(Referring to a bug report is not as good as including it, because then we will have to look it up, and we have probably already deleted it if we've already fixed the bug.)
Always include a proper bug report for the problem you think you have fixed. We need to convince ourselves that the change is right before installing it. Even if it is correct, we might have trouble understanding it if we don't have a way to reproduce the problem.
Include all the comments that are appropriate to help people reading the source in the future understand why this change was needed.
Don't mix together changes made for different reasons. Send them individually.
If you make two changes for separate reasons, then we might not want to install them both. We might want to install just one. If you send them all jumbled together in a single set of diffs, we have to do extra work to disentangle them--to figure out which parts of the change serve which purpose. If we don't have time for this, we might have to ignore your changes entirely.
If you send each change as soon as you have written it, with its own explanation, then two changes never get tangled up, and we can consider each one properly without any extra work to disentangle them.
Send each change as soon as that change is finished. Sometimes people think they are helping us by accumulating many changes to send them all together. As explained above, this is absolutely the worst thing you could do.
Since you should send each change separately, you might as well send it right away. That gives us the option of installing it immediately if it is important.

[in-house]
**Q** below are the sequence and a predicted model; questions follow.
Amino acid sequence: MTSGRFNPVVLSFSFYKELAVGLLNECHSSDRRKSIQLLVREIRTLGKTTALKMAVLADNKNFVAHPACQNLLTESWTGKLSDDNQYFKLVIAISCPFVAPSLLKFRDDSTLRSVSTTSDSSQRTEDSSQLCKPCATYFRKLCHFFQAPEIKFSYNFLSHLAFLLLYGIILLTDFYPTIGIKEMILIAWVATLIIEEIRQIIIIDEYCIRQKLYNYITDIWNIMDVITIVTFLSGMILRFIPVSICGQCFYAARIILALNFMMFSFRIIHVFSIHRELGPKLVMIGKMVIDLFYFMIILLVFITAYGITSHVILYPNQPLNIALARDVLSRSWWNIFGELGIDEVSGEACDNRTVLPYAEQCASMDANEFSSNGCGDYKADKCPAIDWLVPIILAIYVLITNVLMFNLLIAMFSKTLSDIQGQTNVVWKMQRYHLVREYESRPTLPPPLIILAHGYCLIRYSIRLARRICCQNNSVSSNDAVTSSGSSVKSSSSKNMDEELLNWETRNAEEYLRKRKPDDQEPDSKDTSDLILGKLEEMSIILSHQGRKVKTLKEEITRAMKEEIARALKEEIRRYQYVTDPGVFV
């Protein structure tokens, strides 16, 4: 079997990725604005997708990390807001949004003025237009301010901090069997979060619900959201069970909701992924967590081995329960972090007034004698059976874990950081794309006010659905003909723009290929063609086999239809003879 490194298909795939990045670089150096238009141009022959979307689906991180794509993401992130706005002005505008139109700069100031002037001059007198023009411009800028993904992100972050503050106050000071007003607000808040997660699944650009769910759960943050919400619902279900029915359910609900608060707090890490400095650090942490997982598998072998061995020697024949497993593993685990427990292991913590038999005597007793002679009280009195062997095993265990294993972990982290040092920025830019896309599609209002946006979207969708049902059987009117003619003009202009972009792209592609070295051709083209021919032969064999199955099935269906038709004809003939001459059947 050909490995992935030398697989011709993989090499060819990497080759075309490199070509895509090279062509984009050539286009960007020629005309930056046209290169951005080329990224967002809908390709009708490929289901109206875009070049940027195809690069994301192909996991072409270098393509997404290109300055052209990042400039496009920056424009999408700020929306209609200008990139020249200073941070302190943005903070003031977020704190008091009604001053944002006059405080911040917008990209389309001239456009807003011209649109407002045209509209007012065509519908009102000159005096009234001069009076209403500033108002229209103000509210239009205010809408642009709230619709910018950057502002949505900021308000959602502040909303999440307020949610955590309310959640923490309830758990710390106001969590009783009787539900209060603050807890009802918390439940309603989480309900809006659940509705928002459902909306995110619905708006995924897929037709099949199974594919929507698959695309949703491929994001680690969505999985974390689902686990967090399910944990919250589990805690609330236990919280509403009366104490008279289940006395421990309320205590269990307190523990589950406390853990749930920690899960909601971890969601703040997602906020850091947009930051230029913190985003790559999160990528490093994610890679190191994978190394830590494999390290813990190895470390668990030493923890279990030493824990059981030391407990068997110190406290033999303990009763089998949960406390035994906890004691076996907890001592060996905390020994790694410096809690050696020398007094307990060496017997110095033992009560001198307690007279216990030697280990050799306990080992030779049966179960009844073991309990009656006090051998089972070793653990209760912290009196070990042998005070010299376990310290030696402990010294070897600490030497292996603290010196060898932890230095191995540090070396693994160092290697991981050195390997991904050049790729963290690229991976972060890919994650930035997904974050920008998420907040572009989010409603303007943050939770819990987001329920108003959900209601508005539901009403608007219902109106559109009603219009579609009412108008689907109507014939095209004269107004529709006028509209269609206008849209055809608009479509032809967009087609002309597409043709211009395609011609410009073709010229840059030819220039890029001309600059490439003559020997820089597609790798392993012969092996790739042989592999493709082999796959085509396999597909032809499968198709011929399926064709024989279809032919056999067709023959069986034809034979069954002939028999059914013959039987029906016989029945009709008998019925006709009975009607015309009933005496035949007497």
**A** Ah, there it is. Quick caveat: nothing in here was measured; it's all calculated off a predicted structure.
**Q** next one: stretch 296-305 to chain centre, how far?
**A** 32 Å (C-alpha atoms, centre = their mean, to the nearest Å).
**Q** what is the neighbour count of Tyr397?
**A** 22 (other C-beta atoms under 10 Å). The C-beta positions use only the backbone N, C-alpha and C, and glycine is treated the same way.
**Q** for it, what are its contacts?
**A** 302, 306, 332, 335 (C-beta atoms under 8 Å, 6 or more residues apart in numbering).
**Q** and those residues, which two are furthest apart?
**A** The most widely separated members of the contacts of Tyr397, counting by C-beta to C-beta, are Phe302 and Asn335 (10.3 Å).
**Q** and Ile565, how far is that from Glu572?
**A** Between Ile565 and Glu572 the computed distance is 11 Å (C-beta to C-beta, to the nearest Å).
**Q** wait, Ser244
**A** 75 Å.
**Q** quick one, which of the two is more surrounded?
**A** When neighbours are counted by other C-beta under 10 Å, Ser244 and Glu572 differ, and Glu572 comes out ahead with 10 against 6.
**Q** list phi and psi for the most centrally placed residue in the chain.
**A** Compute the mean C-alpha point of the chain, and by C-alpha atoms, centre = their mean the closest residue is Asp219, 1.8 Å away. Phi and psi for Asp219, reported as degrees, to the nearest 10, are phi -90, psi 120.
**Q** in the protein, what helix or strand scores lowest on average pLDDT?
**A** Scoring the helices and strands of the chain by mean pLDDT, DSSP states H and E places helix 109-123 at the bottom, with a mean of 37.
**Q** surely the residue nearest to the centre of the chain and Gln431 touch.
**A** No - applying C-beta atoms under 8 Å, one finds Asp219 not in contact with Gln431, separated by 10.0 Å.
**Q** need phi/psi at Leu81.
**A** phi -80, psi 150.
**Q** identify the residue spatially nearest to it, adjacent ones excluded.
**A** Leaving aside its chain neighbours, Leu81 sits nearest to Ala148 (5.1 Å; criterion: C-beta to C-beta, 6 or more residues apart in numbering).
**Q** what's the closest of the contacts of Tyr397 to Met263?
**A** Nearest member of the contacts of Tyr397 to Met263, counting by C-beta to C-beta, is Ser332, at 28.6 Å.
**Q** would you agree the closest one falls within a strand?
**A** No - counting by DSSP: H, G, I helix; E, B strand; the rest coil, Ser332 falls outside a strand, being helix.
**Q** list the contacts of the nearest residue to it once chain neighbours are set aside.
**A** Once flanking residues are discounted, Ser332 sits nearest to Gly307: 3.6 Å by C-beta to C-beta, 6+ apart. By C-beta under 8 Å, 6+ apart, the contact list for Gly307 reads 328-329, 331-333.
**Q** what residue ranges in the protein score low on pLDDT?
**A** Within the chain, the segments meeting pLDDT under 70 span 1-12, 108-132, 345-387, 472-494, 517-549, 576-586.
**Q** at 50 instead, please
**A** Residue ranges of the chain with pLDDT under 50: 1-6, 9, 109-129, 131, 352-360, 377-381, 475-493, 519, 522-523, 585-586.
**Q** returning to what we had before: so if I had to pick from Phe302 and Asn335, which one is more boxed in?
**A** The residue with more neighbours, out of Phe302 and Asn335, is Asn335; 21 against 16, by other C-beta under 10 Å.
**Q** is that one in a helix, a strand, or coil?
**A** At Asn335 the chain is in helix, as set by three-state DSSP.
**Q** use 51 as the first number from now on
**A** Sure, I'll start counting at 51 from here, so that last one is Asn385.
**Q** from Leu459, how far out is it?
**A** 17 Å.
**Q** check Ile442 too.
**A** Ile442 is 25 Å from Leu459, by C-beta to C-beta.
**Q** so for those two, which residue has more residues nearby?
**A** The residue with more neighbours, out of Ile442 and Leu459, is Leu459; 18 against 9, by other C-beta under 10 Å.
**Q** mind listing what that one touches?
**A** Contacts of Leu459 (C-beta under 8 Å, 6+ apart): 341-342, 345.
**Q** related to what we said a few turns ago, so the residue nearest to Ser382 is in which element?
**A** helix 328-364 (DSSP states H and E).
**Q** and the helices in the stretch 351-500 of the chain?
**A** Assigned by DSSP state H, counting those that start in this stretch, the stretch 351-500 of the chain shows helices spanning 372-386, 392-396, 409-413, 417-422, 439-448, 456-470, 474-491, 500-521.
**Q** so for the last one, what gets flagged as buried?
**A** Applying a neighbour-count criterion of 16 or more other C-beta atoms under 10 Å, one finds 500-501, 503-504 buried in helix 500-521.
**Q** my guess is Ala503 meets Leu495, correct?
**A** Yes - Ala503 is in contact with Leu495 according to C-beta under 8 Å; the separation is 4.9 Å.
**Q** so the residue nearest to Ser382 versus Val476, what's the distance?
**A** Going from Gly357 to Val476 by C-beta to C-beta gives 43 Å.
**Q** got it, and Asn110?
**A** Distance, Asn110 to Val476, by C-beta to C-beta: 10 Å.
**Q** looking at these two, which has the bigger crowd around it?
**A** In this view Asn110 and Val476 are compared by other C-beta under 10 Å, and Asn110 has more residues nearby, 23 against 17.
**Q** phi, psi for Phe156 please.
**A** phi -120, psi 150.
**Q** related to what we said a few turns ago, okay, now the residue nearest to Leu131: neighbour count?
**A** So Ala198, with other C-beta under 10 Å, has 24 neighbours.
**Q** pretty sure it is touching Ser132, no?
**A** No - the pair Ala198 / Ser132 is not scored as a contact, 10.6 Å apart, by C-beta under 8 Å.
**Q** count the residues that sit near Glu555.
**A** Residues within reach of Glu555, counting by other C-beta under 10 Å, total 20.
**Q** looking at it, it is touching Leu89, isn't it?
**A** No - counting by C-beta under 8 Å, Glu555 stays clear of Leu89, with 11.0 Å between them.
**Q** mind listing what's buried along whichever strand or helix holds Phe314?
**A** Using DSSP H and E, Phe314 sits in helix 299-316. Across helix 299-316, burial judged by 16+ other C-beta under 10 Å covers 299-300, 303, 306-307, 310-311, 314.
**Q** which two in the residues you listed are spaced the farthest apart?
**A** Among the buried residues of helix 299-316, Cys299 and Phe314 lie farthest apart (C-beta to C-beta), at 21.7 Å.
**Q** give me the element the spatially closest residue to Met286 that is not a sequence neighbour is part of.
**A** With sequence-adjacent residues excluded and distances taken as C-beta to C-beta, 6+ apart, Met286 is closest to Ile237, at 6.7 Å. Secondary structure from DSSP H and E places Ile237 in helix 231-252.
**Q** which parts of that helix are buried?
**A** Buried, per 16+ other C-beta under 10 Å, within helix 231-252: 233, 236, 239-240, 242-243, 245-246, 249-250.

Use diff -c to make your diffs. Diffs without context are hard to install reliably. More than that, they are hard to study; we must always study a patch to decide whether we want to install it. Unidiff format is better than contextless diffs, but not as easy to read as -c format.
If you have GNU diff, use diff -c -F'^[_a-zA-Z0-9$]+ *(' when making diffs of C code. This shows the name of the function that each change occurs in.
Avoid any ambiguity as to which is the old version and which is the new. Please make the old version the first argument to diff, and the new version the second argument. And please give one version or the other a name that indicates whether it is the old version or your new changed one.
Write the change log entries for your changes. This is both to save us the extra work of writing them, and to help explain your changes so we can understand them.
The purpose of the change log is to show people where to find what was changed. So you need to be specific about what functions you changed; in large functions, it's often helpful to indicate where within the function the change was.
On the other hand, once you have shown people where to find the change, you need not explain its purpose in the change log. Thus, if you add a new function, all you need to say about it is that it is new. If you feel that the purpose needs explaining, it probably does--but put the explanation in comments in the code. It will be more useful there.
Please read the ChangeLog files in the src and lisp directories to see what sorts of information to put in, and to learn the style that we use. If you would like your name to appear in the header line, showing who made the change, send us the header line. Section 24.14.
When you write the fix, keep in mind that we can't install a change that would break other systems. Please think about what effect your change will have if compiled on another type of system.
Sometimes people send fixes that might be an improvement in general--but it is hard to be sure of this. It's hard to install such changes because we have to study them very carefully. Of course, a good explanation of the reasoning by which you concluded the change was correct can help convince us.
The safest changes are changes to the configuration files for a particular machine. These are safe because they can't create new bugs on other machines.
Please help us keep up with the workload by designing the patch in a form that is clearly safe to install.